“Beautiful day enjoying our public lands and hunting with @SteveDaines,” Montana Republican Senate candidate Matt Rosendale tweeted back in October 2018, along with a photo of himself and Daines, the state’s junior senator. The pair were both clad in camouflage and grinning in front of a mountain vista, hunting rifles slung over their shoulders. It was the final stretch of the midterm campaign, and the photo op was part of an effort to rebrand Rosendale as a public-lands supporter.
Rosendale was trying to unseat senator Jon Tester, a Democrat, and despite the campaign taking place in a conservative state that Donald Trump had won by 20 points two years earlier, his opponent was seen as having a slight edge with election day approaching, largely because his support for public lands made him popular among independents and even some conservatives. Rosendale, in contrast, was on the record during a 2014 run for Congress as backing the transfer of federal public lands to the states, an increasingly toxic position in Montana and throughout the West. By 2018, he was eager to demonstrate his repentance, while Daines, two years away from his own reelection bid, was eager to help him. But they could not outrun their inauthenticity: the spot they chose to mug for the camera was not, in fact, on public land. It was on a ranch belonging to Robert E. Smith, the conservative media mogul and director of the Sinclair Broadcast Group. Locals familiar with the scenery immediately called out the visual gaffe, which highlighted a preference on the part of Daines, Rosendale, and their fellow Republicans for appearance over substance on public-lands issues.
Tester defeated Rosendale by 3.5 points, and the Republican postmortem was clear: their candidate’s weakness on public lands cost him votes. Tester had campaigned on a consistent record of supporting the beleaguered Land and Water Conservation Fund (LWCF) and as an advocate for federally designated wilderness. Against Tester’s record of action—which included a successful bill to enlarge the Bob Marshall Wilderness—Rosendale’s lip service came up woefully short.
The Republican Party, and Steve Daines in particular, took note. A fundamental problem has emerged for the GOP throughout the West: the old planks of fiscal conservatism, maximum local control over federally managed public lands, and strong support for extractive industries are not resonating the way they used to. In Montana, and in the Mountain West more broadly, there’s arguably no single issue that unites the middle more than public lands protection. A January 2020 poll by Colorado College found that 84 percent of Montana voters say that issues involving clean water, clean air, wildlife, and public lands are important in deciding whether or not to back an elected official. Across the Mountain West, the number of voters who say they prioritize those issues above all others has jumped from 31 to 44 percent since 2016. “In the 2018 election, whether a candidate ran for governor, senator, or representative, those who showed support for the West’s outdoors, parks, and public lands had a leg up in connecting with voters,” according to the Center for Western Priorities, a Denver-based nonprofit that studies attitudes about public lands, environment, and conservation. “I think the importance of public lands and conservation has only grown,” says Jesse Prentice-Dunn, the CWP’s policy director. “We’re really talking a political third rail here.”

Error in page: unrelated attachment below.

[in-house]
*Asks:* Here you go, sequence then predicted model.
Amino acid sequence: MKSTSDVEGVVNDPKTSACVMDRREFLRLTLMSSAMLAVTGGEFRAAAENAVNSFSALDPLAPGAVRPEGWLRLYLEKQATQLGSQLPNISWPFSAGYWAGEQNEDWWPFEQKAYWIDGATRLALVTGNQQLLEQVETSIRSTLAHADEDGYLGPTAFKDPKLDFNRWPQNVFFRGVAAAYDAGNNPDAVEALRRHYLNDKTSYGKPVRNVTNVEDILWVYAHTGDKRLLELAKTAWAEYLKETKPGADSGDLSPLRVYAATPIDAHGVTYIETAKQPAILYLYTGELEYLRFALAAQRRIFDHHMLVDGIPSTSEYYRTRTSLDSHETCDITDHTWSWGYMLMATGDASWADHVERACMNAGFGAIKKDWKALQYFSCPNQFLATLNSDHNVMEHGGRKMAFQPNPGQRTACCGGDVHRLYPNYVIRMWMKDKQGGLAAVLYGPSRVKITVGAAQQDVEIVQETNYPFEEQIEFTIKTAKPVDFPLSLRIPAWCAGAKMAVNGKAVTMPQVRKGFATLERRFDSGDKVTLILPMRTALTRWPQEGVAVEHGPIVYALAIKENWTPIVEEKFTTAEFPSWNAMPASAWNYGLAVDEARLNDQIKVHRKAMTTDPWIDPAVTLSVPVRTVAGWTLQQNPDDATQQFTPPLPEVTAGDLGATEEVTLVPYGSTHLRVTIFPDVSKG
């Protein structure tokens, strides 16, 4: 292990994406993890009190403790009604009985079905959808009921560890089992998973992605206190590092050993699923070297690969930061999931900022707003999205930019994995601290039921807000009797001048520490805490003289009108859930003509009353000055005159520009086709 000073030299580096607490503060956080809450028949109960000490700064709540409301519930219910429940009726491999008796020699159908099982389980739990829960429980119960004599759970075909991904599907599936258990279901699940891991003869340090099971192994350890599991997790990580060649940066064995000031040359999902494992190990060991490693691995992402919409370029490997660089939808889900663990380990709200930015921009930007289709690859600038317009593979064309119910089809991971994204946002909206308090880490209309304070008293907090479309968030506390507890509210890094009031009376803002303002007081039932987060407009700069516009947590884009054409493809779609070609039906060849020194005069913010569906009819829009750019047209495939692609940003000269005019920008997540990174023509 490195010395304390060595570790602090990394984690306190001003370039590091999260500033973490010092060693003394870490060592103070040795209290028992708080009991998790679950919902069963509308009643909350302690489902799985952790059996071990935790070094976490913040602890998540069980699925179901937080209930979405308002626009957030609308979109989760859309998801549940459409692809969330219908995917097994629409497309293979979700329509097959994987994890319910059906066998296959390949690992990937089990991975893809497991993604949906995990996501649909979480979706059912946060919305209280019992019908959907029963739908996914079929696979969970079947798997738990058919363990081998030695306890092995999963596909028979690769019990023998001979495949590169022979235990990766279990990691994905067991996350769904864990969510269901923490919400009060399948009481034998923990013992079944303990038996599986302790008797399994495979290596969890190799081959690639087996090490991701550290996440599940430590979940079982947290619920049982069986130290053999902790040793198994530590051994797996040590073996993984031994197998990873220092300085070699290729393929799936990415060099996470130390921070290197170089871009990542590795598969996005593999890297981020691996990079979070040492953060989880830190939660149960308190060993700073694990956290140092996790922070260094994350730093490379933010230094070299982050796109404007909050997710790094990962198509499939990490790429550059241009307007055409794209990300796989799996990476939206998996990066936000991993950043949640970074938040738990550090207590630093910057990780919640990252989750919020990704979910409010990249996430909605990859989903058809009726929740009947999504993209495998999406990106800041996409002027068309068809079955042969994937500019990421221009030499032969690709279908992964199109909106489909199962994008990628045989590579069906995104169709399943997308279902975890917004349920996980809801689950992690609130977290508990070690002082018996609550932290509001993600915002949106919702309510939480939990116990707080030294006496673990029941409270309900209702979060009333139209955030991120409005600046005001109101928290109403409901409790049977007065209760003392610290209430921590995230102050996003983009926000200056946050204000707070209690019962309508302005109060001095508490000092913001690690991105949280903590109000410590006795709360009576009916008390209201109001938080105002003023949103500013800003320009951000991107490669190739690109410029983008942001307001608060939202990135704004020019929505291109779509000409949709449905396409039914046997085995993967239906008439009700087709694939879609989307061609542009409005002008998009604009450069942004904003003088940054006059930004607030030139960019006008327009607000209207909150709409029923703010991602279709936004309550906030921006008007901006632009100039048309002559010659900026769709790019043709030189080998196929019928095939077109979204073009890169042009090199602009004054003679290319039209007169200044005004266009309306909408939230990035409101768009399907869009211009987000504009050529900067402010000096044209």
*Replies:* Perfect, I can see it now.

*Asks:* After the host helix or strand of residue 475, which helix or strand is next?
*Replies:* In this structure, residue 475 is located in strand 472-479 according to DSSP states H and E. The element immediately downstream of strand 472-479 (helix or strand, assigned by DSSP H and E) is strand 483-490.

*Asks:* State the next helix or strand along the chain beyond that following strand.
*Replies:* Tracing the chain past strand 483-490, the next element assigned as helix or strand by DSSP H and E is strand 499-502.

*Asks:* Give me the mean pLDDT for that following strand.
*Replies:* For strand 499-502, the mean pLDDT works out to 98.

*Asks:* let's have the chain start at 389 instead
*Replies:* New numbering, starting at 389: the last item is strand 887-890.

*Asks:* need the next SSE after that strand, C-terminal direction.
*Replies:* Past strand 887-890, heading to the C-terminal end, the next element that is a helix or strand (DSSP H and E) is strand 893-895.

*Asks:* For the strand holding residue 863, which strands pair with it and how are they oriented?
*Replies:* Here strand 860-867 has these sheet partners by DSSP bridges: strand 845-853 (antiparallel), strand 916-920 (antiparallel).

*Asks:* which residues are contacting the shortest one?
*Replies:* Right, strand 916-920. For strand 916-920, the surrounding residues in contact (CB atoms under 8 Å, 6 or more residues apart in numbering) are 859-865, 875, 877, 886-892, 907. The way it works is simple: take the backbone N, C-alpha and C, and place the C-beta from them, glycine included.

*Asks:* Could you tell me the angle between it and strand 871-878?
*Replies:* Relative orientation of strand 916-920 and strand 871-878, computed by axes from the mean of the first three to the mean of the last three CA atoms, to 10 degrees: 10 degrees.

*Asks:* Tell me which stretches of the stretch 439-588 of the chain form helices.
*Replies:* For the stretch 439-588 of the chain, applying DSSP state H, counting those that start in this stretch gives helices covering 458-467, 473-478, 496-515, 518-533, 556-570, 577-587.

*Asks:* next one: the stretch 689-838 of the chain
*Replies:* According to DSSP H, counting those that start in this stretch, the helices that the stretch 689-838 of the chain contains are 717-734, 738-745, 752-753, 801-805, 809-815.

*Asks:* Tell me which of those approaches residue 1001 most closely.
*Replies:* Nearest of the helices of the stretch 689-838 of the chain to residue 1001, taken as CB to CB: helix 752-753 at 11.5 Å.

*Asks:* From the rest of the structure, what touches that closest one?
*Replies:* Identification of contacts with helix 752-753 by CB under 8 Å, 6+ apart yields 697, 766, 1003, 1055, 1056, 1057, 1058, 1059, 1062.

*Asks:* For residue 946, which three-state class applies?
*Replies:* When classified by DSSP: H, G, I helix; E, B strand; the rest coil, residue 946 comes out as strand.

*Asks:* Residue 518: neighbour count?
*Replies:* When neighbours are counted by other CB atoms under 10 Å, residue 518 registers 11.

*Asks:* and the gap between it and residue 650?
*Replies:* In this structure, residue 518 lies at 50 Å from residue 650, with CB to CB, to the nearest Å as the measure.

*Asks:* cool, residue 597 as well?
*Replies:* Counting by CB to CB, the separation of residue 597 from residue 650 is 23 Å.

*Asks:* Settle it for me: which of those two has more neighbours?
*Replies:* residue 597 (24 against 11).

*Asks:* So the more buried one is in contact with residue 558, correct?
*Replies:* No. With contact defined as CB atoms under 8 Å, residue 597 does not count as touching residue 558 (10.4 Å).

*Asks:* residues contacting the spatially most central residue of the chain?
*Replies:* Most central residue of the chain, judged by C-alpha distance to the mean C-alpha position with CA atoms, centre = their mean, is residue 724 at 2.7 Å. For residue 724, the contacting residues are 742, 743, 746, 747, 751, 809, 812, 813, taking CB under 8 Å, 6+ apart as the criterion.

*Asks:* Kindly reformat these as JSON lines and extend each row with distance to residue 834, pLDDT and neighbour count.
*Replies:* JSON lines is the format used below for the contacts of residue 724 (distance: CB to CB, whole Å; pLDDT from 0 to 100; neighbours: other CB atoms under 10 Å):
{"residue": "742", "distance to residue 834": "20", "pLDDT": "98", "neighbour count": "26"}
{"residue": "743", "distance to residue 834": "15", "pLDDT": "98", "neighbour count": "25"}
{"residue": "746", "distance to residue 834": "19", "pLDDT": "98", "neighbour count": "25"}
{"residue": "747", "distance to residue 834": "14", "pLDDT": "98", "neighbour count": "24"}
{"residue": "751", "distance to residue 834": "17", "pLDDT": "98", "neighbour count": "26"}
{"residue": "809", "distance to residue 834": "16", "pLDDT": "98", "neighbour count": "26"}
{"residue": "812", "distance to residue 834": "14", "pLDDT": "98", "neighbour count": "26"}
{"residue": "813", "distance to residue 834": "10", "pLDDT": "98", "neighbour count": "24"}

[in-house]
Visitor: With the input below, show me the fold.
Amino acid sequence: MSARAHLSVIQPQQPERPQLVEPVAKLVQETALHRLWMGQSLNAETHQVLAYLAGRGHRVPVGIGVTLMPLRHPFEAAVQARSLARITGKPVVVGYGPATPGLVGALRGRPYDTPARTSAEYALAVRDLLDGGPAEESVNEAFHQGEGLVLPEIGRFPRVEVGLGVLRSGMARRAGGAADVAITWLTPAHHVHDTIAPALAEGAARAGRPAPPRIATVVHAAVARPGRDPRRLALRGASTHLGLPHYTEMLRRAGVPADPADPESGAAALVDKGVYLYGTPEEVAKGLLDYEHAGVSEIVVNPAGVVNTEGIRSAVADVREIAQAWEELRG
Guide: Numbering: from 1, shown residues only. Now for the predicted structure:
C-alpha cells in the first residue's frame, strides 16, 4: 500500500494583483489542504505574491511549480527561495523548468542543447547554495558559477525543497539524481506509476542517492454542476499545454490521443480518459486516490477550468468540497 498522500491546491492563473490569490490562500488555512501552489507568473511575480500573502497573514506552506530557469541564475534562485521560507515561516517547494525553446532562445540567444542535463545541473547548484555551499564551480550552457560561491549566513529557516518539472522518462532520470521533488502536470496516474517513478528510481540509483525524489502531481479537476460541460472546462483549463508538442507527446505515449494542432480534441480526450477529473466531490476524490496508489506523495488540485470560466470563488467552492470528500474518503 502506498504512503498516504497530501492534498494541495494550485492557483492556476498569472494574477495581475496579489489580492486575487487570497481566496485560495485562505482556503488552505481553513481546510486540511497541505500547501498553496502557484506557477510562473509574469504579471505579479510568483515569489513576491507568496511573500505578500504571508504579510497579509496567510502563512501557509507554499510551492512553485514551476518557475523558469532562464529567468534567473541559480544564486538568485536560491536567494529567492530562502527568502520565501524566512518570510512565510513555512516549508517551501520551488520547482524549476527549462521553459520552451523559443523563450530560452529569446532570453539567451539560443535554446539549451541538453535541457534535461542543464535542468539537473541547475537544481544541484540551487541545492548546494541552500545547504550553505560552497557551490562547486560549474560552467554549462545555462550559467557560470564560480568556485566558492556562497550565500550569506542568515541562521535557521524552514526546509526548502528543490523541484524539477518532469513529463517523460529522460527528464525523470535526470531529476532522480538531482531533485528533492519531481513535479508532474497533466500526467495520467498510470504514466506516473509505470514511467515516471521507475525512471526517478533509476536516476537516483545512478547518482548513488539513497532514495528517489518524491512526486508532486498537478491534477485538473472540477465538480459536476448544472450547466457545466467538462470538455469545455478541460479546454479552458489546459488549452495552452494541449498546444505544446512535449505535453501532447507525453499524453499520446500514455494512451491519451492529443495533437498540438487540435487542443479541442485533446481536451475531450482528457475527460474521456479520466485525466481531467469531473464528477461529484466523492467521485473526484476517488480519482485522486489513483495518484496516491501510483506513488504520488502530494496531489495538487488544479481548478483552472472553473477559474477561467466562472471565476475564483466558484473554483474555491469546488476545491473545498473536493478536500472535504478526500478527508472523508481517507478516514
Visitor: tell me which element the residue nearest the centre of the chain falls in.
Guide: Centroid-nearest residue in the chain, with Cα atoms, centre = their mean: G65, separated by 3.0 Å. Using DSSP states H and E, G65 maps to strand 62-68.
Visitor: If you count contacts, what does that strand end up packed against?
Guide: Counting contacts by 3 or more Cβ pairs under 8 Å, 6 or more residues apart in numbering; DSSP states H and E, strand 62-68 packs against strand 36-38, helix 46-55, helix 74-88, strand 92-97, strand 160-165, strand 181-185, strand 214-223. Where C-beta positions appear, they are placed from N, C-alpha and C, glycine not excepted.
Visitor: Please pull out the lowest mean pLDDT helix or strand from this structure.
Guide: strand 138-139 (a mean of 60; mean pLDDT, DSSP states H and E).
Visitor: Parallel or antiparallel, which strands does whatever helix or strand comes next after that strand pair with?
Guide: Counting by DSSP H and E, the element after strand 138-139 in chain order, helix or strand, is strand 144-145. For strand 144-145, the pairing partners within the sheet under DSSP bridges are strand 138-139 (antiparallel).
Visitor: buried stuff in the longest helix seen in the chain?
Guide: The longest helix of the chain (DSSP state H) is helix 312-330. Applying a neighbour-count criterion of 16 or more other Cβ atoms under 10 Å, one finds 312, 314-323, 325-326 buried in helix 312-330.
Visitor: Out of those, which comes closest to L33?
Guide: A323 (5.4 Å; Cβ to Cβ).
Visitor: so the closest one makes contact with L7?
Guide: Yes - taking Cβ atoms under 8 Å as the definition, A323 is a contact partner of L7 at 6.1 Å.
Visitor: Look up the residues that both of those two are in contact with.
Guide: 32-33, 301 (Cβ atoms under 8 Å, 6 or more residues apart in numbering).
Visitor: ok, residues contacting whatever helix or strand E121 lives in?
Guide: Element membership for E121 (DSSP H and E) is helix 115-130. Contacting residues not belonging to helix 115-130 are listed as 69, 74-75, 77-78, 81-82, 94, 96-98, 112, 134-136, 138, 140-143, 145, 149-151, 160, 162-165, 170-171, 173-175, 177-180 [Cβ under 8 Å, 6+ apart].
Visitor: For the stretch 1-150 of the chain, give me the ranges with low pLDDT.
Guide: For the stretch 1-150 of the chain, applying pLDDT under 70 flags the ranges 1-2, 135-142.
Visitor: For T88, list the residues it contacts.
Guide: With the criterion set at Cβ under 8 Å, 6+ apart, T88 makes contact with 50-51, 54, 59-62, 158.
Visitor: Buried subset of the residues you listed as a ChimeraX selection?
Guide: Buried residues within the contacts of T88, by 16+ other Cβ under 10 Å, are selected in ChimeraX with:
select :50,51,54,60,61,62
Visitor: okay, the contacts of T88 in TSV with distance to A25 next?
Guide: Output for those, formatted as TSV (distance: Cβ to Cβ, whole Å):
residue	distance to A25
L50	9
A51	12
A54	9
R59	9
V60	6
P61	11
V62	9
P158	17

This means it is Daines who now must burnish his credentials before a skeptical electorate heavy with public-lands voters. In what has been billed as the most expensive race in Montana history—$143 million and counting—Daines is battling to save his own seat from a challenge by Montana governor Steve Bullock, a Democrat who, like Tester, enjoys a reputation as a public-lands and conservation champion and has a proven record of winning independents and centrist Republicans. Independents make up a third of the Montana electorate, and in this critical election year, Daines’s ability to convince those voters of his trustworthiness as a conservationist may decide the partisan balance of the Senate.